How would you feel if suddenly they announced that they were resuming your childhood? Because you wanted it so much, as a special favor, your childhood will be resumed, next year, from the point where it stopped over 25 years ago. Wouldn’t that be one of the most amazing gifts you could get? Wouldn’t you start remembering what was going on back then, the special moments, and bask in the sweet joy of anticipation? It will all come back, but not just a replay, as you often did in your mind, but as a continuation.
As the “Twin Peaks” theme starts, there’s a unique flow of memories and feelings. This flow is even deeper and more intense now, when it’s official that the show will resume in 2016, after a 25 year break. I remember the evening when I saw the first episode. I was about 12, and I had been anticipating it, we knew it was going to be something special. I spent that afternoon playing soccer with my best friend and watching the neighbors across the street, some French kids we wanted to become friends with. We had just cooked up a clever ploy to maybe accidentally lose the ball in their yard, when we realized that it was time for the show to start… I still can’t believe that we’re going back to that place that still exists…It’s a dream I, as many others, have been having since it ended so abruptly. The show, the place, the characters are as immortal as this theme song by Angelo Badalamenti. They’ve always been there, their time continued flowing for the past 25 years, and we’re going back. And this news deserves a special celebration. Since David Lynch was kind enough to bring to light a few years ago the entire musical archive of Twin Peaks (212 songs, over 9 hours), I will be reviewing it in 9 episodes, every Saturday, starting from today. Saturday was the day we used to see Twin Peaks here, so it’s appropriate. The music of “Twin Peaks” is as crazy as the show itself: an insane mix of wonderful jazz, orchestral pieces, percussion cues or the saddest piano tunes you could ever hear.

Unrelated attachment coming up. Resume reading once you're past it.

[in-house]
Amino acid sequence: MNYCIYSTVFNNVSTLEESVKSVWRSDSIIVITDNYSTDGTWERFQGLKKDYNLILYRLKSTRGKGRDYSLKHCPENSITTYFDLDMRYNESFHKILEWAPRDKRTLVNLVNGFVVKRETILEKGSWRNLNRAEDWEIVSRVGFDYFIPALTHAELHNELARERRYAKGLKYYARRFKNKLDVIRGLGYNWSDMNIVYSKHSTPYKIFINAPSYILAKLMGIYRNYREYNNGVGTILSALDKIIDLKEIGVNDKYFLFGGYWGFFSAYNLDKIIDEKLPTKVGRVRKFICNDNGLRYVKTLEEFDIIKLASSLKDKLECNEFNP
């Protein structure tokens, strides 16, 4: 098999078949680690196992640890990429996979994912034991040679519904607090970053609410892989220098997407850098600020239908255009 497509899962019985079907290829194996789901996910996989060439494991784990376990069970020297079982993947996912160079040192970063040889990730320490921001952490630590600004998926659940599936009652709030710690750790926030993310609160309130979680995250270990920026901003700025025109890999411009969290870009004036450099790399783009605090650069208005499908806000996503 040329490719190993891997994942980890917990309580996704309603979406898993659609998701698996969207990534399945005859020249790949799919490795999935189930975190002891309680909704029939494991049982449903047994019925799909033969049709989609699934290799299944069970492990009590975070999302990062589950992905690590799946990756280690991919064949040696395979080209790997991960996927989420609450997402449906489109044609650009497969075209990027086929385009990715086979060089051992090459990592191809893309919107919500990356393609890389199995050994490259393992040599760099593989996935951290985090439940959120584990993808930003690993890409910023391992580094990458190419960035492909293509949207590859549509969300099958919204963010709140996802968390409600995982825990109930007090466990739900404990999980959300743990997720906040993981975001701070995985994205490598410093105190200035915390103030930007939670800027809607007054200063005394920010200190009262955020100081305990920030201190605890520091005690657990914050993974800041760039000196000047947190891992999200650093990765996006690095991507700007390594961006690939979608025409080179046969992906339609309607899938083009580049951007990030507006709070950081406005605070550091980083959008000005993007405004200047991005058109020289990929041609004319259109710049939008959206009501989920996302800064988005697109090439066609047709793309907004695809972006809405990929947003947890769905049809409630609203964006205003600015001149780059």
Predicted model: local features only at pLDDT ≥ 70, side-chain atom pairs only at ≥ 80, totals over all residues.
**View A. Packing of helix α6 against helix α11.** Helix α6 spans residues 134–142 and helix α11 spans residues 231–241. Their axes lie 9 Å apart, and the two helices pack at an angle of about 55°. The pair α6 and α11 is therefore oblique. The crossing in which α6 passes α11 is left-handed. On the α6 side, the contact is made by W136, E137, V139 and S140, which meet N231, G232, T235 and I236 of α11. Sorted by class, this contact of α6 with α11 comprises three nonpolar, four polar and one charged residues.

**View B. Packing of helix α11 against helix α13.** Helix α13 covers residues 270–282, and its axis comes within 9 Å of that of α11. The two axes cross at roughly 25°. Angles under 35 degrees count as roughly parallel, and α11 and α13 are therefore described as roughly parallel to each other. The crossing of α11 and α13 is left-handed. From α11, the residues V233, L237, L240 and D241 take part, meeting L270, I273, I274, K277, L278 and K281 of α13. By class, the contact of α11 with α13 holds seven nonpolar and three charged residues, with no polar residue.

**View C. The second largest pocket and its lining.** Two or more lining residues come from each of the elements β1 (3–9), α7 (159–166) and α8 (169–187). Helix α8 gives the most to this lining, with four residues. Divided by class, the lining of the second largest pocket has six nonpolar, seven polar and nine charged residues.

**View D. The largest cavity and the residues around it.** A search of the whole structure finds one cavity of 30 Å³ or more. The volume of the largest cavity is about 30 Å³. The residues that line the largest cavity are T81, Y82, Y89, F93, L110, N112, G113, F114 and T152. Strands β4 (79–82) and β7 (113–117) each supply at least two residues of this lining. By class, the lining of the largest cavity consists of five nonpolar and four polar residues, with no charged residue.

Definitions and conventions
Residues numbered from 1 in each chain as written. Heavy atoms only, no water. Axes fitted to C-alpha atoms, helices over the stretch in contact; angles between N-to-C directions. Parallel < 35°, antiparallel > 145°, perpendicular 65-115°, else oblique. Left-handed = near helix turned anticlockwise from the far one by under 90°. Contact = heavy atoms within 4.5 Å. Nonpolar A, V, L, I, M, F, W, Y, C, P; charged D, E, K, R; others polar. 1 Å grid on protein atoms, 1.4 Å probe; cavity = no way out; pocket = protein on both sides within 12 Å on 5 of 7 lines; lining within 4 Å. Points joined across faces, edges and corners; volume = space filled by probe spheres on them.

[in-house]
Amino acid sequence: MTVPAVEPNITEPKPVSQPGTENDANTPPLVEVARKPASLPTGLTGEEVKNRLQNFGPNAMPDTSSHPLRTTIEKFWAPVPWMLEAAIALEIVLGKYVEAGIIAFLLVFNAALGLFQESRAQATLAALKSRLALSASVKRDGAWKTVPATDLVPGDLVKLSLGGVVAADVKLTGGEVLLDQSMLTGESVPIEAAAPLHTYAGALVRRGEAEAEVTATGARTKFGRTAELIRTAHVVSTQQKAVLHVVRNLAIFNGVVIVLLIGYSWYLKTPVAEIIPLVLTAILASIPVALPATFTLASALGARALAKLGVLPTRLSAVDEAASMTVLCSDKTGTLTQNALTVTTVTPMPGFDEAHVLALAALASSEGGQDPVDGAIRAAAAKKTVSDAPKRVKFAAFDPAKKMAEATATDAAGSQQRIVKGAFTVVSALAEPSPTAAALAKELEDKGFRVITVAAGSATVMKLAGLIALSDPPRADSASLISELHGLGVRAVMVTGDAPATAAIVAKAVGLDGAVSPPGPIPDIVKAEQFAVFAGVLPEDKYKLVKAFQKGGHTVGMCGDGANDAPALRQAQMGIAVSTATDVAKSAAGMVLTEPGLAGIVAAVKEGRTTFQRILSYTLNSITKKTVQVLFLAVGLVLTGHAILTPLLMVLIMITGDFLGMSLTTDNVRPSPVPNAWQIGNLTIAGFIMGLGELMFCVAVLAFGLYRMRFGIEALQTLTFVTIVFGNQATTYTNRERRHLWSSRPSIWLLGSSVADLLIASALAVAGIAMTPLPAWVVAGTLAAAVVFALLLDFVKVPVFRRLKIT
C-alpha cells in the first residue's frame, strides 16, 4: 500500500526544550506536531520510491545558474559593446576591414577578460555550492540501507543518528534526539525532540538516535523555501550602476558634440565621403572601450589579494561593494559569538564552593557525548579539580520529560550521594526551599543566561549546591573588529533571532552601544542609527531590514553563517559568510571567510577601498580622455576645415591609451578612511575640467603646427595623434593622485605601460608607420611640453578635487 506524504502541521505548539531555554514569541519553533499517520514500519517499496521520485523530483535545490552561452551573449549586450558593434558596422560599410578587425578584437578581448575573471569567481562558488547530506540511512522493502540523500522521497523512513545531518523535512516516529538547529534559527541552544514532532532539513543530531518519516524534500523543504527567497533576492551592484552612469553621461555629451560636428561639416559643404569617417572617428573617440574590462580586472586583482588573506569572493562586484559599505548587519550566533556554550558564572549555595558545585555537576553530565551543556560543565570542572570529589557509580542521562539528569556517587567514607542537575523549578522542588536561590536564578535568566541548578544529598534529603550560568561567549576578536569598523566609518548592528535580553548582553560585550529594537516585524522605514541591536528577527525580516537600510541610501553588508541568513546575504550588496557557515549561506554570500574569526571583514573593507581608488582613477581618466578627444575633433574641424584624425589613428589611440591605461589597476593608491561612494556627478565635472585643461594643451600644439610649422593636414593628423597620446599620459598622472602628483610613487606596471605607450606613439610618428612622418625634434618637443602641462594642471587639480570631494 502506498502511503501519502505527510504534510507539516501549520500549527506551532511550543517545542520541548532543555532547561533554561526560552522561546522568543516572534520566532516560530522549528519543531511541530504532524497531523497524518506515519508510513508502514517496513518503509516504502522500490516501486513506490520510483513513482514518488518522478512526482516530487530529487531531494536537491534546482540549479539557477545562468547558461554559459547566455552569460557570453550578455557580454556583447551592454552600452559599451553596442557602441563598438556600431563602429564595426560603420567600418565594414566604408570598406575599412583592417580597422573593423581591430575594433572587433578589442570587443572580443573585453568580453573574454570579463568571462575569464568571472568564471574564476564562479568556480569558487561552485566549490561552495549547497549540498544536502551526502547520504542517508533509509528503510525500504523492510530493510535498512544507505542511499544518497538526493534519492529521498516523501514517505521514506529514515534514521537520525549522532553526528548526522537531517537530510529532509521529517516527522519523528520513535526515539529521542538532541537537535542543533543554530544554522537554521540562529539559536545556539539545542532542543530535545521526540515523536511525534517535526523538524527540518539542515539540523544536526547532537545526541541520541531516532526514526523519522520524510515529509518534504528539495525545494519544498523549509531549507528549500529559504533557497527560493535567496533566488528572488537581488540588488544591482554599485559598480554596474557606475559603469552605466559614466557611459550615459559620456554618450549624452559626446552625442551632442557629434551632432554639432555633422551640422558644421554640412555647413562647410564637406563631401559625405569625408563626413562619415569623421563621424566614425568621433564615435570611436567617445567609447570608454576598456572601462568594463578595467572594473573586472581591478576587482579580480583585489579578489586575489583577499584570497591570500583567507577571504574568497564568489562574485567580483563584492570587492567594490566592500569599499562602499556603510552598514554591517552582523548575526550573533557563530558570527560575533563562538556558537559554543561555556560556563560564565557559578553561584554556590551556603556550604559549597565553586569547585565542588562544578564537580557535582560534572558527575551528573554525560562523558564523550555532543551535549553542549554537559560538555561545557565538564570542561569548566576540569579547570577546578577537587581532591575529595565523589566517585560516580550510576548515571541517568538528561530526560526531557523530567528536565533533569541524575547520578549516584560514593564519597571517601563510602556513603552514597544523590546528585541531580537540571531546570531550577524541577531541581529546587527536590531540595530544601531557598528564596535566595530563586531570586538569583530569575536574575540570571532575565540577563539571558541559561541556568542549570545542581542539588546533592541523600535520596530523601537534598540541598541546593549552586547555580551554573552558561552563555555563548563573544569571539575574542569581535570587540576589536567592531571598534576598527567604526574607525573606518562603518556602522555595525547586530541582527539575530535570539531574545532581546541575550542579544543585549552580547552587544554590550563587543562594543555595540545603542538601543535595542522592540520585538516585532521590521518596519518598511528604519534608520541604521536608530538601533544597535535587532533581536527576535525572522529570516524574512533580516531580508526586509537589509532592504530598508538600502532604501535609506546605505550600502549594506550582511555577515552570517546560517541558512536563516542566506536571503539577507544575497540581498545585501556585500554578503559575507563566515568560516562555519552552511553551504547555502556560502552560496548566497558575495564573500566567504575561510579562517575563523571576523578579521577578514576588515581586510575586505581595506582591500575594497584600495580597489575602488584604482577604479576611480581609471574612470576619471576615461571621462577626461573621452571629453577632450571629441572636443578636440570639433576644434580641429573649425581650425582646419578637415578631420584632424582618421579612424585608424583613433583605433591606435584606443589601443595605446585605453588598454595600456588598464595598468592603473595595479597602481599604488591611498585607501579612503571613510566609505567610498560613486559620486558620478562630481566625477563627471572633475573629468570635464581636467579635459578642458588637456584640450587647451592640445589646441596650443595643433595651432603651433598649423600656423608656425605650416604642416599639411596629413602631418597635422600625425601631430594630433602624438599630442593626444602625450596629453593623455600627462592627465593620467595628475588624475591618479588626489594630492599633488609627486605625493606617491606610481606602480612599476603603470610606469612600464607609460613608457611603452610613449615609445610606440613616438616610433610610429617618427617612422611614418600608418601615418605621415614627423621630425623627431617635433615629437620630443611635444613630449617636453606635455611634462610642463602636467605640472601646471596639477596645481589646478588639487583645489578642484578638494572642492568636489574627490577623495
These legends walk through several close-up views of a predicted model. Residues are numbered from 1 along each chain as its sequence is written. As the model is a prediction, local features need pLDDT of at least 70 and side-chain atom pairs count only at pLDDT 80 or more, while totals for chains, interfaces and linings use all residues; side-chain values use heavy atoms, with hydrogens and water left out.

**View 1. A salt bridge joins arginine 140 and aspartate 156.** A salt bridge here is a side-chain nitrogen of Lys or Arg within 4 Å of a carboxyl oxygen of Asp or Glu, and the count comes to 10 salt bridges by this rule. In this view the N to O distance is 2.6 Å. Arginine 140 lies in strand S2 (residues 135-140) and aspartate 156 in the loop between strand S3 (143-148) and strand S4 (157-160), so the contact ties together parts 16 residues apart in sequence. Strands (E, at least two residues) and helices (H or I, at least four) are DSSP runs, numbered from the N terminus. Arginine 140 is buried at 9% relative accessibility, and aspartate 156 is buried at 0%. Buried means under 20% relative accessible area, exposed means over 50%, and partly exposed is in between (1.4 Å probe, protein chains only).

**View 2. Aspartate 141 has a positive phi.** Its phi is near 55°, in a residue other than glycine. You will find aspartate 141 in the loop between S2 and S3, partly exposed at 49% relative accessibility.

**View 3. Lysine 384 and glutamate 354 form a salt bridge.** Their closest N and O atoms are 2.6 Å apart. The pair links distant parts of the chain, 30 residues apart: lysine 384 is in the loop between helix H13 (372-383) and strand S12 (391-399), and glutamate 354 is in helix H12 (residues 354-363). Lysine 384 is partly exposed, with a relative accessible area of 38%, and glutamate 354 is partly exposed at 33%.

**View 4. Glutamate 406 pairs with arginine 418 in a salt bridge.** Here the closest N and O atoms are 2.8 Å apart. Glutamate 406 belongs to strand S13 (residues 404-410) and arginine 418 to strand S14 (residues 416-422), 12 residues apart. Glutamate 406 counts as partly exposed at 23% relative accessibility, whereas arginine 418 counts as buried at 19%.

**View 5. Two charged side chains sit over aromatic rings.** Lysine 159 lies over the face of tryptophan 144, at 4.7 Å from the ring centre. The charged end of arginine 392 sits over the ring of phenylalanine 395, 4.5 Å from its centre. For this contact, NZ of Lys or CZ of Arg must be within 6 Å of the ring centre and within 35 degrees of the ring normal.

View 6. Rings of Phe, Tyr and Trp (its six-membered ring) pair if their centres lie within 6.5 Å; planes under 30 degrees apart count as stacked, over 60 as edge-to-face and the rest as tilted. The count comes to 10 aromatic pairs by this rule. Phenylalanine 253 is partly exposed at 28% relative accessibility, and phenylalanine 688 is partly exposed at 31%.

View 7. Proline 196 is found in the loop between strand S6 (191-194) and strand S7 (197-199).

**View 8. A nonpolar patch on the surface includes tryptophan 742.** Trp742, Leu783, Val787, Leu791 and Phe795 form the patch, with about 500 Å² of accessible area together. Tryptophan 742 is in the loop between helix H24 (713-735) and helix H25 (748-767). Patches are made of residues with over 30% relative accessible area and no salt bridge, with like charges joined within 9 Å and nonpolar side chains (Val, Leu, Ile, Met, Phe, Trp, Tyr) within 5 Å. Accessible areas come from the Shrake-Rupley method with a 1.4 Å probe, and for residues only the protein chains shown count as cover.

The first review is for the music heard in the famous Pilot episode. There are few TV show themes as recognizable and haunting as the “Twin Peaks” main theme. There are few themes ever composed that match this one in beauty. There is no other theme for me so linked to a show, to specific scenery, like this one. The main theme makes me see those opening credits…the calm, idyllic images of mountain, trees, a quiet saw mill, a river…a small town lost in its own time and space…a town that hides something underneath all that. Nostalgia factor aside, “Twin Peaks theme” is a perfect cue. You can smell the fresh and chili mountain air when you listen to it. The emotions are subdued, but so deep that you can’t see the bottom. There’s sadness in this theme, thin and neverending as the morning mist…it’s not as heavy as not to allow you to go on, but it leaves unforgettable marks. If “Twin Peaks theme” sets the tone for the time and place of the show and serves as a welcome into that mysterious place, “Laura Palmer’s theme”, its counterpart, breaks your heart from the get go so you wouldn’t get hurt later. The main character of the story, who is found dead in the first couple of minutes, gets a theme so bittersweet, so heartbreaking, so intense that it’s hard not to get teary eyed when you hear it. You can hear echoes of the joy that her life must have had, dark tones of the demons that haunted her, and the immense sadness of loss.